Erectile Dysfunction Diagnostic Evaluation

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Diagnosis and Treatment of Erectile Dysfunction

An erectile dysfunction diagnosis is generally made by the patient without any examination or testing. This is unlike a diagnosis of high blood pressure which is made by a test to measure the blood pressure or a diagnosis of diabetes which is made by checking the blood sugar. There is no erectile dysfunction test to make the diagnosis. When a man has a problem achieving or maintaining an erection, he has erectile dysfunction and should not avoid seeing a doctor.

The evaluation of a patient with erectile dysfunction (ED) includes a complete history and physical exam to identify any medical conditions that may be contributing factors. In some cases, hormone testing is indicated.

There are many tests that can be performed to help determine the specific cause of the erectile function. When considering the “differential diagnosis of erectile dysfunction”, the objective is to find out the specific underlying problem. ED can be neurogenic (caused by a nerve problem) or more often vasculogenic (caused by a vascular problem). The erectile dysfunction diagnosis of vascular ED can be then further sub-divided into a problem with inadequate blood entering the penis (arterial insufficiency) or the blood not being stored and escaping (venous leak). The following are erectile dysfunction evaluation tests:

Penile Duplex with Pharmacological Erection

Of all of the erectile dysfunction diagnostic testing options, the penile duplex is the one test we most commonly perform (when indicated). For this test, a penile ultrasound (called a penile duplex) is performed, and this provides anatomical information. It also provides some information about the blood vessels (arteries and veins) that supply the penis. The most useful information is obtained after an erection is induced by the injection of a small amount of medication into the base of the penis with a very small needle that causes an erection. When the penis is erect, the blood flow through certain arteries (eg. dorsal arteries) can be measured (velocity) to assess for arterial insufficiency, and this test also can be used to assess for venous leak.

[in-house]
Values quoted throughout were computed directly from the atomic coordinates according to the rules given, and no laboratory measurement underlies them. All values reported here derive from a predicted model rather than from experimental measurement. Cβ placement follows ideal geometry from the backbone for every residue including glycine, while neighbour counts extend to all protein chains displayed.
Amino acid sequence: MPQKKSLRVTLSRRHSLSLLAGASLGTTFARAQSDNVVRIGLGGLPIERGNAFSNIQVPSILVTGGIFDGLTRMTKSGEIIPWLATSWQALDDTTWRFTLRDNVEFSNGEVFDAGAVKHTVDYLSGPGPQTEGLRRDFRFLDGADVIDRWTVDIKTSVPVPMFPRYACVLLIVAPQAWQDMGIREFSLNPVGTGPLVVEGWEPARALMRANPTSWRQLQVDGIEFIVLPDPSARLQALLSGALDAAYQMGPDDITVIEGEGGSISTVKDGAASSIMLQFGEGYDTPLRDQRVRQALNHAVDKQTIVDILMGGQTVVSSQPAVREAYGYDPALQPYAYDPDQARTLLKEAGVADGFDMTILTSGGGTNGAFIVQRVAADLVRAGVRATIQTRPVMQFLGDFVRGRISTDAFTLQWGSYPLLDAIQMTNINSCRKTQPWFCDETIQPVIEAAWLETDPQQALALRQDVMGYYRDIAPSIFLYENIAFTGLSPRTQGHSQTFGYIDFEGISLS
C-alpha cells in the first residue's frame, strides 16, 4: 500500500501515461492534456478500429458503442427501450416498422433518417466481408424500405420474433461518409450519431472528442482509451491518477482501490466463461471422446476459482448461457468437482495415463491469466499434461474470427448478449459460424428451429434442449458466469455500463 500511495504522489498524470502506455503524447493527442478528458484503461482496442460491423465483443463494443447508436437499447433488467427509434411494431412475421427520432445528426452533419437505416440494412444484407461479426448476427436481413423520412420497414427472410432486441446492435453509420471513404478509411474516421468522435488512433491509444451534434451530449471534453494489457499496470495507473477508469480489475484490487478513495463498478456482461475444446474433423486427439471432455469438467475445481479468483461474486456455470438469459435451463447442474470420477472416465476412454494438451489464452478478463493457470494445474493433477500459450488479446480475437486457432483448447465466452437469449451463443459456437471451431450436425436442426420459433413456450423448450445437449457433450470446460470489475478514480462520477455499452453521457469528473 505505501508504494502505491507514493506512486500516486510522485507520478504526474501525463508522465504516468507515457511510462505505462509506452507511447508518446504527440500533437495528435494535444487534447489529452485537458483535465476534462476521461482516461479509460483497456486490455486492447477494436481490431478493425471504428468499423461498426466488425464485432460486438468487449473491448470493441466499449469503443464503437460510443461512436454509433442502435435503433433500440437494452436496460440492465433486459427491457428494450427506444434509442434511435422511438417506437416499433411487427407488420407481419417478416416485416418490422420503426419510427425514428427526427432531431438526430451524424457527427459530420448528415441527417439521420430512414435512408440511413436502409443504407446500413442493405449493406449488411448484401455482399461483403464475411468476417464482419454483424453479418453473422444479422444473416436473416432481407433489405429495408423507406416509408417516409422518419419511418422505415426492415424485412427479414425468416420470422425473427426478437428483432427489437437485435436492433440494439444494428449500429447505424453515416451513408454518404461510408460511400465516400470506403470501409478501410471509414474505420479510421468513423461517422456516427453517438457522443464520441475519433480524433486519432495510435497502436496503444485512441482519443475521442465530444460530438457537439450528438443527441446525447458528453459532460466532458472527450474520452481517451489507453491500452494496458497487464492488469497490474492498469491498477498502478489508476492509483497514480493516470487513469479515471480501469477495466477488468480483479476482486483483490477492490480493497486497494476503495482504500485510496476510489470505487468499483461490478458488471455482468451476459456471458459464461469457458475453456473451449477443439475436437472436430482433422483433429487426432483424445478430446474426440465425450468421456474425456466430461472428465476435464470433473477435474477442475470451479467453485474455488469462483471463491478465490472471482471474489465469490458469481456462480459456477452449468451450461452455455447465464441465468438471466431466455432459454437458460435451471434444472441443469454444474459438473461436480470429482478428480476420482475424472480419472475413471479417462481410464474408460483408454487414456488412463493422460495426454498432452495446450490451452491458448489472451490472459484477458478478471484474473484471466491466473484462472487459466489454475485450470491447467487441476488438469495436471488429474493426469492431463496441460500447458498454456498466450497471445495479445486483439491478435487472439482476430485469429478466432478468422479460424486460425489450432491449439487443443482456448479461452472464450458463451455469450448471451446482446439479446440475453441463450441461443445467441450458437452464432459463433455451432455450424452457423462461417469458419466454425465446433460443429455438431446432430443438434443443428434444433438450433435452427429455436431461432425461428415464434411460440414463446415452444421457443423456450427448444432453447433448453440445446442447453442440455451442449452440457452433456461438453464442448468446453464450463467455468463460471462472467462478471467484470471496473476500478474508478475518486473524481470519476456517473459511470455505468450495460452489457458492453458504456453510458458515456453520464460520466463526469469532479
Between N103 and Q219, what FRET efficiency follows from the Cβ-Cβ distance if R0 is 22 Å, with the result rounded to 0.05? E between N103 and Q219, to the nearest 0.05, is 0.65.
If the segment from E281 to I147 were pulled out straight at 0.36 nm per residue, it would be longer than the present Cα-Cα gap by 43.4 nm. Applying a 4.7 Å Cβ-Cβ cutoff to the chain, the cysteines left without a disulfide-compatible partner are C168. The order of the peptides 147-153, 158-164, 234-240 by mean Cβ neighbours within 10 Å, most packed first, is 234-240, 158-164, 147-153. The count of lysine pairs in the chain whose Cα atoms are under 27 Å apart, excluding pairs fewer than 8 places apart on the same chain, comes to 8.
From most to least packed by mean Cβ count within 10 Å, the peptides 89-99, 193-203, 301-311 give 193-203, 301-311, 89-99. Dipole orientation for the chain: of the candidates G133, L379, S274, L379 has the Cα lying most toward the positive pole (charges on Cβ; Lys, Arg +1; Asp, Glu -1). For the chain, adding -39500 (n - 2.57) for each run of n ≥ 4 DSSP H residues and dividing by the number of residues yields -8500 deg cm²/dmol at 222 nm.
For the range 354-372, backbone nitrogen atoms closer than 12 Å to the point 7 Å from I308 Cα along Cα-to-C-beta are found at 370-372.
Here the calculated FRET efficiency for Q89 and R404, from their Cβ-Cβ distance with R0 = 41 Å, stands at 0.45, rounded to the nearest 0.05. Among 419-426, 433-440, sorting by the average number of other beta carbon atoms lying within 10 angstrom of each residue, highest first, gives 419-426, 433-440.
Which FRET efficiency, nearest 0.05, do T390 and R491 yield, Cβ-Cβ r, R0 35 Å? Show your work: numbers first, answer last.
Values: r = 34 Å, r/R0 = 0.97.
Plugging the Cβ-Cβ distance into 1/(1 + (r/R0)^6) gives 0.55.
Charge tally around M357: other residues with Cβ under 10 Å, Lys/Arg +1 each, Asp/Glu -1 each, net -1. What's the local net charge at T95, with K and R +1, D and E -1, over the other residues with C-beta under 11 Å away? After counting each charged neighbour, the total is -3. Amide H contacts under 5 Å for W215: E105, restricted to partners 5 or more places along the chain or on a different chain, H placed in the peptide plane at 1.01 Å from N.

We find that this test is most useful in men with pelvic fracture trauma associated erectile dysfunction who may have specific artery injuries and men with Peyronie’s Disease (a disorder of penile curvature) seeking graft surgery to straighten the penis to see if there is any venous leak as this finding would be a contraindication for a graft.

Risks of a penile duplex include a painful prolonged erection that requires urgent treatment.

Direct Infusion Cavernosometry and Cavernosography

This is a very sophisticated test that involves the injection of vasoactive medication into the penis and the use of needles placed on both sides of the penis. Saline is infused at a certain rate as monitors to measure penile pressure. This may be followed by the injection of contrast for radiographic imaging. This test was more commonly performed in the 1990s and has fallen out of favor.

Pudendal Angiogram

This is an invasive vascular test performed by an Interventional Radiologist in an Imaging Center. In some ways it is similar to a coronary arteriogram-angiogram where instead of getting images of the arteries providing blood supply to the heart, the pudendal arteriogram provides information related to the blood supply to the penis. The reason it is called “pudendal” angiogram is because the pudendal artery branches into the different blood vessels that enter the penis. This is a test we use only in very selected cases when planning penile revascularization surgery, which is only indicated in very select cases, such as when there is a specific artery injury in a young man from pelvic fracture trauma.

Erectile Dysfunction Evaluation: When to do tests and when not to do tests

When tests are performed, this is beneficial to the doctor as there is generally financial compensation. When a test is done, information is obtained, and the patient may benefit by feeling like he is getting quality care when a number of tests are being performed to try to “get to the bottom” of the cause of the erectile dysfunction. What we consider most important when deciding if we should do a test or not do a test is if and how it benefits the patient.

Many of these erectile dysfunction tests are invasive, and can be uncomfortable, and are not without risks. Therefore, our approach to testing is to recommend testing only when the information obtained influences decision making. If the test shows “A” we do this, and if it shows “B”, we do that.

In most patients who seek treatment of their erectile dysfunction, none of these tests are indicated, as these tests often do not influence management. For most patients, the appropriate management of erectile dysfunction is to identify the least invasive treatment that works. In general, the first treatment option that should be recommended is oral medication such as Viagra, and if an invasive test would not change that recommendation, regardless of the test result, we would not consider that test to be indicated.